well, actually 2 final comments:

1) Alas that people talk of "the others" in the same breath as Tolkien!
2) Since I am not a scholar, I dont have to bother about copyrights (or copylefts) of this very important article.

Monday, December 19, 2005

Of Caradhras and Tom Bambadil

All the characters in LOTR are divided into two camps-- powers of light and justice symbolising the good and powers of darnkess symbolising the bad. One one level, this seems very much like the wars of Aryas and Dasyus and Devas and Asuras highlighted in Rig Veda, though it might take a different kind of post to delve into the similarities between Tolkienian world called "middle earth" and the world described in the Rig Veda.

Only two characters of LOTR are mysterious in their aspect of siding with no one-- they serve no master and they have none to do them homage.

One of them is Tom Bombadil and the other, Mount Caradhras. In the movie, Tom is of course conspicuous by his absence but Caradhras by himself is shown powerless -- Saruman is shown chanting curses from the top of the Orthanc tower to cause the snowfall on Caradhras. In the book, Caradhras has his own personality and it is told that he does not like humans (men) climbing him, so he causes snowfall on his own. Yet, he is not in league with Sauron. He simply doesnt want any man to cross him, and he doesnt care about the tidings of the world. This actually makes sense because He was there even before Morgoth, the master of Sauron corrupted the earth, and He knows He will be there even after the dominion of Sauron, though Sauron were to regain the One and his rule lasted an eternity.

On the other hand, Tom is shown to be indifferent to the power of the One Ring, or rather, the One has no power over him. He is shown to be happy in his own place with his "goldberry" by his side and he is a gentle, humane, and good and he is said to be "the eldest" (curiously, the same title is conferred by Galadriel to Treebeard). Yet, he is not on the side of elves, dwarves or men though he will help those in his land at need.

Some feel that the inclusion of Tom Bombadil is the only weak link in the most robust "true fiction" produced in the twentieth century. The song and story of Tom Bombadil was written by Tolkien for kids before he began writing LOTR, and then, for some reason that either I dont know or dont remember, he included it in the story. When Frodo reaches Rivendel and the council of Elrond begins, Tolkien promptly covers his tracks by saying that its not wise to give Tom the responsibility of guarding the One Ring because he would be negligent and might throw it away simply because he is unaffected by it. Hmm... Convincing?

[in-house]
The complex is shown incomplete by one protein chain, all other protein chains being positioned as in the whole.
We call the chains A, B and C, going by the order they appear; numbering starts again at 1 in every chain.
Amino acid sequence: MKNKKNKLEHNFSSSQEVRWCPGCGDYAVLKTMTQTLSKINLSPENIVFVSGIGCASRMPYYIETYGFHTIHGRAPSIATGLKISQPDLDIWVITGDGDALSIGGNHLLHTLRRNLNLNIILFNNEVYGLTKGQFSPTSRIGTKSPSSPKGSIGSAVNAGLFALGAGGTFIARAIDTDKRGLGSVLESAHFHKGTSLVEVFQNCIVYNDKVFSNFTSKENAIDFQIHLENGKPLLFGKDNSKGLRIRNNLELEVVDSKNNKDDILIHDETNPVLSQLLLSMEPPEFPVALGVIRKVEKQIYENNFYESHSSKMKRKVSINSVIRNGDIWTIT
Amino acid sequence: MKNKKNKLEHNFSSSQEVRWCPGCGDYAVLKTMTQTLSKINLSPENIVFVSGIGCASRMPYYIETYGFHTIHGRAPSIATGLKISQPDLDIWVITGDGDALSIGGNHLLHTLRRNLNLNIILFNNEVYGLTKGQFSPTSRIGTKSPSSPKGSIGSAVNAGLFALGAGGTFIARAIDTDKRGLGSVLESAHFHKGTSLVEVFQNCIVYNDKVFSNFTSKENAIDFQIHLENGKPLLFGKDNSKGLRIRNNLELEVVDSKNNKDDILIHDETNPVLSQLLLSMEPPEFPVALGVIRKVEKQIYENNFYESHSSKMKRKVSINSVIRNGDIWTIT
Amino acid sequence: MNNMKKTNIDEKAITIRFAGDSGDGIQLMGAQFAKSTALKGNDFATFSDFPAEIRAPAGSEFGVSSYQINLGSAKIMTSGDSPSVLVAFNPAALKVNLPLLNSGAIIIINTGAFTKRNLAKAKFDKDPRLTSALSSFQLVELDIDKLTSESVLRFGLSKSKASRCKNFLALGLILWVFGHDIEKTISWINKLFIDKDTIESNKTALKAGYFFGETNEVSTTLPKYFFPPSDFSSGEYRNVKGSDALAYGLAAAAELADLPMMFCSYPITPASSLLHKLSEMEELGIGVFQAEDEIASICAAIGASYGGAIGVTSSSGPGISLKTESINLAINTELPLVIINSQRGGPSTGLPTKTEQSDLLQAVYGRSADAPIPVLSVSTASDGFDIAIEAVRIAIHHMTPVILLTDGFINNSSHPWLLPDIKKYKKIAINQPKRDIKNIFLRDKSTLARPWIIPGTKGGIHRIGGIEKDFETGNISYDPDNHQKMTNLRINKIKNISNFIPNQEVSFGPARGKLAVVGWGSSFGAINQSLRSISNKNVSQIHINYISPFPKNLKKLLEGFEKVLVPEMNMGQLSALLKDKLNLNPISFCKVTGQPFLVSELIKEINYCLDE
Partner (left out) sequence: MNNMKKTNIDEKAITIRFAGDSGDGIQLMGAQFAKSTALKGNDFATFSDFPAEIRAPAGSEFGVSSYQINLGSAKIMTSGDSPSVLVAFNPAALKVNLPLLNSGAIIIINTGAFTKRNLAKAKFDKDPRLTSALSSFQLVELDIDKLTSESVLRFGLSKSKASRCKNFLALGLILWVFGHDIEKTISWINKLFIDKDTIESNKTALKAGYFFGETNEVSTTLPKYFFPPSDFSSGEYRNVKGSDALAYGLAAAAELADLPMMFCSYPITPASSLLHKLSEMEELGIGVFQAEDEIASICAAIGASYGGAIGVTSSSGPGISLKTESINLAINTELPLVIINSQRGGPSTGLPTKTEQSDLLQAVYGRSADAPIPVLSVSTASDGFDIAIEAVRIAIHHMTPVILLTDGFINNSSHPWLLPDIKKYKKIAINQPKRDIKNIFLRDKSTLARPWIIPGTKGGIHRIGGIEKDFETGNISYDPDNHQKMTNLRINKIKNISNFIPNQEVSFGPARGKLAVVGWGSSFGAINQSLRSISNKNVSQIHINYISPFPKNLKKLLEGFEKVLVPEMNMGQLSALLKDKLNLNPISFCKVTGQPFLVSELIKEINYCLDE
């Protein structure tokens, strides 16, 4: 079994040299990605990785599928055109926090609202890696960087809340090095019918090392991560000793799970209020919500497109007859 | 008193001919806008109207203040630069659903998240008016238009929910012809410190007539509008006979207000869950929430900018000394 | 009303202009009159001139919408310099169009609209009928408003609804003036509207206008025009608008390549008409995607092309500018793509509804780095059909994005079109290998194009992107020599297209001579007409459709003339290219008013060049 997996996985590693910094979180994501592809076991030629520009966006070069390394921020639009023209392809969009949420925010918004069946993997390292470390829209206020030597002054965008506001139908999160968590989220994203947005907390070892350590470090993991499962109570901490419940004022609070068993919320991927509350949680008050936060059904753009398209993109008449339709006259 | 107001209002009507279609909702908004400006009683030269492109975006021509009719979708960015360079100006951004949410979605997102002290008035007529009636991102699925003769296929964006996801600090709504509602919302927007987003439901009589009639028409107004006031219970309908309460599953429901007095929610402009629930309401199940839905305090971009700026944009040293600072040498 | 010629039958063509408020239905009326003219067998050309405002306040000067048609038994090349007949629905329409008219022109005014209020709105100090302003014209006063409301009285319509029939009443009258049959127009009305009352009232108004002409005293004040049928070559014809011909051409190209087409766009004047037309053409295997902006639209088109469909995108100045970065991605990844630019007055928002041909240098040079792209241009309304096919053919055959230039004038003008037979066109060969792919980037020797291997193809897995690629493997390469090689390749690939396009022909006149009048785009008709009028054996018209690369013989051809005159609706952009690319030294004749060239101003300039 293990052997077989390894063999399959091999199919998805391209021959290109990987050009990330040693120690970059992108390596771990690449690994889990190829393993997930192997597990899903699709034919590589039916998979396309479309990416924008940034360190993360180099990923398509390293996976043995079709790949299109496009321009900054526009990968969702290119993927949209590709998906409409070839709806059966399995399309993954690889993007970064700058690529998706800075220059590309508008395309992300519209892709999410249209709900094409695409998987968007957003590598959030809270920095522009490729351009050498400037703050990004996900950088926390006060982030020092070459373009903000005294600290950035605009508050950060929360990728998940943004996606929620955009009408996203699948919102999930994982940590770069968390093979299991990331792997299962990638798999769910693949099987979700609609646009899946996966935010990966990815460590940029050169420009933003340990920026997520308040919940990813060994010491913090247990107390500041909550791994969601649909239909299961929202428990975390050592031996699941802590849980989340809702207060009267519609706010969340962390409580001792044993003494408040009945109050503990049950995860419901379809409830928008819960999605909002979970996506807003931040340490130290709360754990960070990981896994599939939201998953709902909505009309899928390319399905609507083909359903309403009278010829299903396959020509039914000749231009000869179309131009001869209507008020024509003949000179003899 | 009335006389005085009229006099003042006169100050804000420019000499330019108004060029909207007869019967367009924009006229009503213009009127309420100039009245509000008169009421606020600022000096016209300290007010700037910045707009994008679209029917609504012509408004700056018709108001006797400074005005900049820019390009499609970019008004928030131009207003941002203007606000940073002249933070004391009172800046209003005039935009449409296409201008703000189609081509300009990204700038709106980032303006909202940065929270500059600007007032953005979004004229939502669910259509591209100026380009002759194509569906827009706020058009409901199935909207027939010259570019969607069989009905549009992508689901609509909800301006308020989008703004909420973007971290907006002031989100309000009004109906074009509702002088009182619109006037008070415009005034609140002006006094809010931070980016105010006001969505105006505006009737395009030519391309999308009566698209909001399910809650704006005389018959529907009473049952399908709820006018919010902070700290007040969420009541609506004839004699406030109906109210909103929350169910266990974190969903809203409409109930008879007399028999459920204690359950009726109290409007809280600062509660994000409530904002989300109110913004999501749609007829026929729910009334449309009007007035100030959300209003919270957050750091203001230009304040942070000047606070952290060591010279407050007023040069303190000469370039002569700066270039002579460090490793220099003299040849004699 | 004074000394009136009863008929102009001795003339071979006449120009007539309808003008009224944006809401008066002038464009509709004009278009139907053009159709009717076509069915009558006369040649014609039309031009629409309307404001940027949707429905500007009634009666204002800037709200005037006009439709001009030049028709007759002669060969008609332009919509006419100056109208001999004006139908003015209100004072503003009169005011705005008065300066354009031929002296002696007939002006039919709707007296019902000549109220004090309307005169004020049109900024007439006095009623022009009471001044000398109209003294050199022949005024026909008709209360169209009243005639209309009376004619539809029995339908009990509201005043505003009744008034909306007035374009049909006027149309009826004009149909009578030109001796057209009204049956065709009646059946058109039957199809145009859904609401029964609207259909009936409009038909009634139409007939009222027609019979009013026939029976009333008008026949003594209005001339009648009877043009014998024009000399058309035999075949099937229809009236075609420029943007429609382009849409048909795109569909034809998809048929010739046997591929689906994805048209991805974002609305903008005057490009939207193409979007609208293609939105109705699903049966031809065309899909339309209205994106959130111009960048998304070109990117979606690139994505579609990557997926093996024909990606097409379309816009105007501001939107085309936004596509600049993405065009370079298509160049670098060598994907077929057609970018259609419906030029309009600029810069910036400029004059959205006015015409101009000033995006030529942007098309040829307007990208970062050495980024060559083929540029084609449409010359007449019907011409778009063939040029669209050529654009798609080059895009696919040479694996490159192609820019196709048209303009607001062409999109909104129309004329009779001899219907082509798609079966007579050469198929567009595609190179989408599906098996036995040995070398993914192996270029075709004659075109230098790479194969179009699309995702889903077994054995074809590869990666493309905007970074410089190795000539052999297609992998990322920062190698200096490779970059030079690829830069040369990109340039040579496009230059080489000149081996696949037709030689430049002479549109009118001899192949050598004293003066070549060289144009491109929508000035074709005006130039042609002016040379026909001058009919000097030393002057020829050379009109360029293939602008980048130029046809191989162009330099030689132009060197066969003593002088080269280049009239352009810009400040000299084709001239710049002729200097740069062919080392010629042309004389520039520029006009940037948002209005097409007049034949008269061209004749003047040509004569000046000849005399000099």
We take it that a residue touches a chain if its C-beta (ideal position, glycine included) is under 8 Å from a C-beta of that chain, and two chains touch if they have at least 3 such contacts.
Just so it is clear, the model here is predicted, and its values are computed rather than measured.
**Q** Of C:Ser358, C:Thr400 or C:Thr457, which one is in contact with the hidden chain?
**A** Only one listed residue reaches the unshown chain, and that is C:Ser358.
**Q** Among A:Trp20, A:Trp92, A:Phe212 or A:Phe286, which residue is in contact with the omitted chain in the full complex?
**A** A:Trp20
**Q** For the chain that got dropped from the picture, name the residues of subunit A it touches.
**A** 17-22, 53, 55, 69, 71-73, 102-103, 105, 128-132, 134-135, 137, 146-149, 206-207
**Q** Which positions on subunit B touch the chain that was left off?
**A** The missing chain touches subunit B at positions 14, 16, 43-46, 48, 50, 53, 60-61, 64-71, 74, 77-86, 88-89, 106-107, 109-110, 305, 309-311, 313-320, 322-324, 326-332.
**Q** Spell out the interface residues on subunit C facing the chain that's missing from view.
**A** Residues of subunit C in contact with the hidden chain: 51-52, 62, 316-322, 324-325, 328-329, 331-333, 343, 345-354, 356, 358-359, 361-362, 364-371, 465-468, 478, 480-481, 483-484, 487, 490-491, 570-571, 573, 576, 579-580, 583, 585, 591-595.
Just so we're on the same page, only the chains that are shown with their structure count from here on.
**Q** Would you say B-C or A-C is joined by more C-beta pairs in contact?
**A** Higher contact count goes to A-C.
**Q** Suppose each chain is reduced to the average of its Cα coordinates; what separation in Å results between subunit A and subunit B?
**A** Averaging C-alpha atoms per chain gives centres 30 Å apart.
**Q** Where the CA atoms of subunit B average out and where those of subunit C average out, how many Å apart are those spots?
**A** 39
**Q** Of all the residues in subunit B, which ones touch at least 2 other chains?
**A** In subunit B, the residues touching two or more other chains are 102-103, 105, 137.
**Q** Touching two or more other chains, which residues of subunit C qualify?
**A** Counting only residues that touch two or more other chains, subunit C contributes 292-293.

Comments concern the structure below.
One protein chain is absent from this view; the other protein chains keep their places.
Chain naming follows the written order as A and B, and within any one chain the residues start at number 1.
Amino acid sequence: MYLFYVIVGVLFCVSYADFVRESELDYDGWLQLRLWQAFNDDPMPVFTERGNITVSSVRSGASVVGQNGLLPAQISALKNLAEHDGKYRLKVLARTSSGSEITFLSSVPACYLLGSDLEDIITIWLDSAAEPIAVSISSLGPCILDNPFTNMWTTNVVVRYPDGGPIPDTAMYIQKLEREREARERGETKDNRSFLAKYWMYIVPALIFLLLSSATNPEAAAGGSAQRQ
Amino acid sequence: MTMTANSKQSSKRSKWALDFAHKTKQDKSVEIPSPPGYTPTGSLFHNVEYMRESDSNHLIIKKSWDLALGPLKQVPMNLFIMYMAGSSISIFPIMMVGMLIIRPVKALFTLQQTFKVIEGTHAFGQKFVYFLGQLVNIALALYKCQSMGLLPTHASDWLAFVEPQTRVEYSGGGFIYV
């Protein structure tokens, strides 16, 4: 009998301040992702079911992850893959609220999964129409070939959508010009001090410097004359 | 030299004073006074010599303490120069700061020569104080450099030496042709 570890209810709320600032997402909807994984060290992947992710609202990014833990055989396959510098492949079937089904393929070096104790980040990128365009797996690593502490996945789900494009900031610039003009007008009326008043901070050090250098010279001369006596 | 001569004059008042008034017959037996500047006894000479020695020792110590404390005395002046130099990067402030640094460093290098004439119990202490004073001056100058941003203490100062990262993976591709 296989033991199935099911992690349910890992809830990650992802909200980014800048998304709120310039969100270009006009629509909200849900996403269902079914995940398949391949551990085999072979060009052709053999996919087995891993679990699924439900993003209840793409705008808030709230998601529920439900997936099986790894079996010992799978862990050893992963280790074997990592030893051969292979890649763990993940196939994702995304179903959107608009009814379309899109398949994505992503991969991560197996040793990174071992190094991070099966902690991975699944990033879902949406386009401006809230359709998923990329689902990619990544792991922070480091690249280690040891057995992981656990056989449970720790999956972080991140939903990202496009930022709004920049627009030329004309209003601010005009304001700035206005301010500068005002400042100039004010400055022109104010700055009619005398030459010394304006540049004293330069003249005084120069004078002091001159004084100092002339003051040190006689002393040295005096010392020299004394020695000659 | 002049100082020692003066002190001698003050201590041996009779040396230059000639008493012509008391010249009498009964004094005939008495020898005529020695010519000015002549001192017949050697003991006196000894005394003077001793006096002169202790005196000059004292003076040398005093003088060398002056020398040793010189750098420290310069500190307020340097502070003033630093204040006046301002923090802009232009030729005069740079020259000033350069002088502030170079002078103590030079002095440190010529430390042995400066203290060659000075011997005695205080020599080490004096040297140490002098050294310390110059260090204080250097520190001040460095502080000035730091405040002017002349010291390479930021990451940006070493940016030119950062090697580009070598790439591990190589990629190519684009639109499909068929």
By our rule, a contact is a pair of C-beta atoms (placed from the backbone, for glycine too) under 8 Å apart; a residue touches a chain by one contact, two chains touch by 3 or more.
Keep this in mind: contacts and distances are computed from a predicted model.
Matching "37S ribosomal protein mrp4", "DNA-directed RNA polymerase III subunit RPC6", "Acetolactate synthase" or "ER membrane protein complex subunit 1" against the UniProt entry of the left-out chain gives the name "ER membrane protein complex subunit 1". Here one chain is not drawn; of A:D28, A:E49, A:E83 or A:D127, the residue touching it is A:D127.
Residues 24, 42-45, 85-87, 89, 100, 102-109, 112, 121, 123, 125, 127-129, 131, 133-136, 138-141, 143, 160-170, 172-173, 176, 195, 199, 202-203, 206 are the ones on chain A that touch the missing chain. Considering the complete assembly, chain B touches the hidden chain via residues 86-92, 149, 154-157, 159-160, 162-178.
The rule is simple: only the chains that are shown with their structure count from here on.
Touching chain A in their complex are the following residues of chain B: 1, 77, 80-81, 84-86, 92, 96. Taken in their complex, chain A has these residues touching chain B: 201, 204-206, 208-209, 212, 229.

There are many theories about who Tom Bombadil is, the most popular being one that associates Tom with Aule and Goldberry with Yavanna, though that has been disproved by some.

Nevertheless, we do see that there are striking similarities between the way the two are dealt with-- showing that there are many other powers in the world that are either good or bad by nature, though it is not necessary that they be in league with the respective "eponymous" powers.

Monday, December 05, 2005

Vande Mataram

1) Vande Mataram Traditional, in Desh.

2) Vande Mataram rendition by Sudha Raghunathan,in traditional Desh tune (with her own spin).

3) Vande Mataram from Anand Math (1951) (I am afraid this is not the original song sung by Hemant Kumar et al).

4) Vande Mataram in Khambavati by a seemingly young Mogubai Kurdikar (Mother of Kishori Amonkar).. a very old recording-- 1947.

5) Vande Mataram in Brindavani Saranga by Vishnupant Phagnis.. this is older-- 1920s.

6) Vande Mataram in kafi by Omkarnath Thakur. Again, very old-- 1938-39.

7) Vande Mataram from "Vande Mataram" album by A.R.Rahman -- Traditional, in Desh with wonderful Saxophone by Chris "Snake" Davis.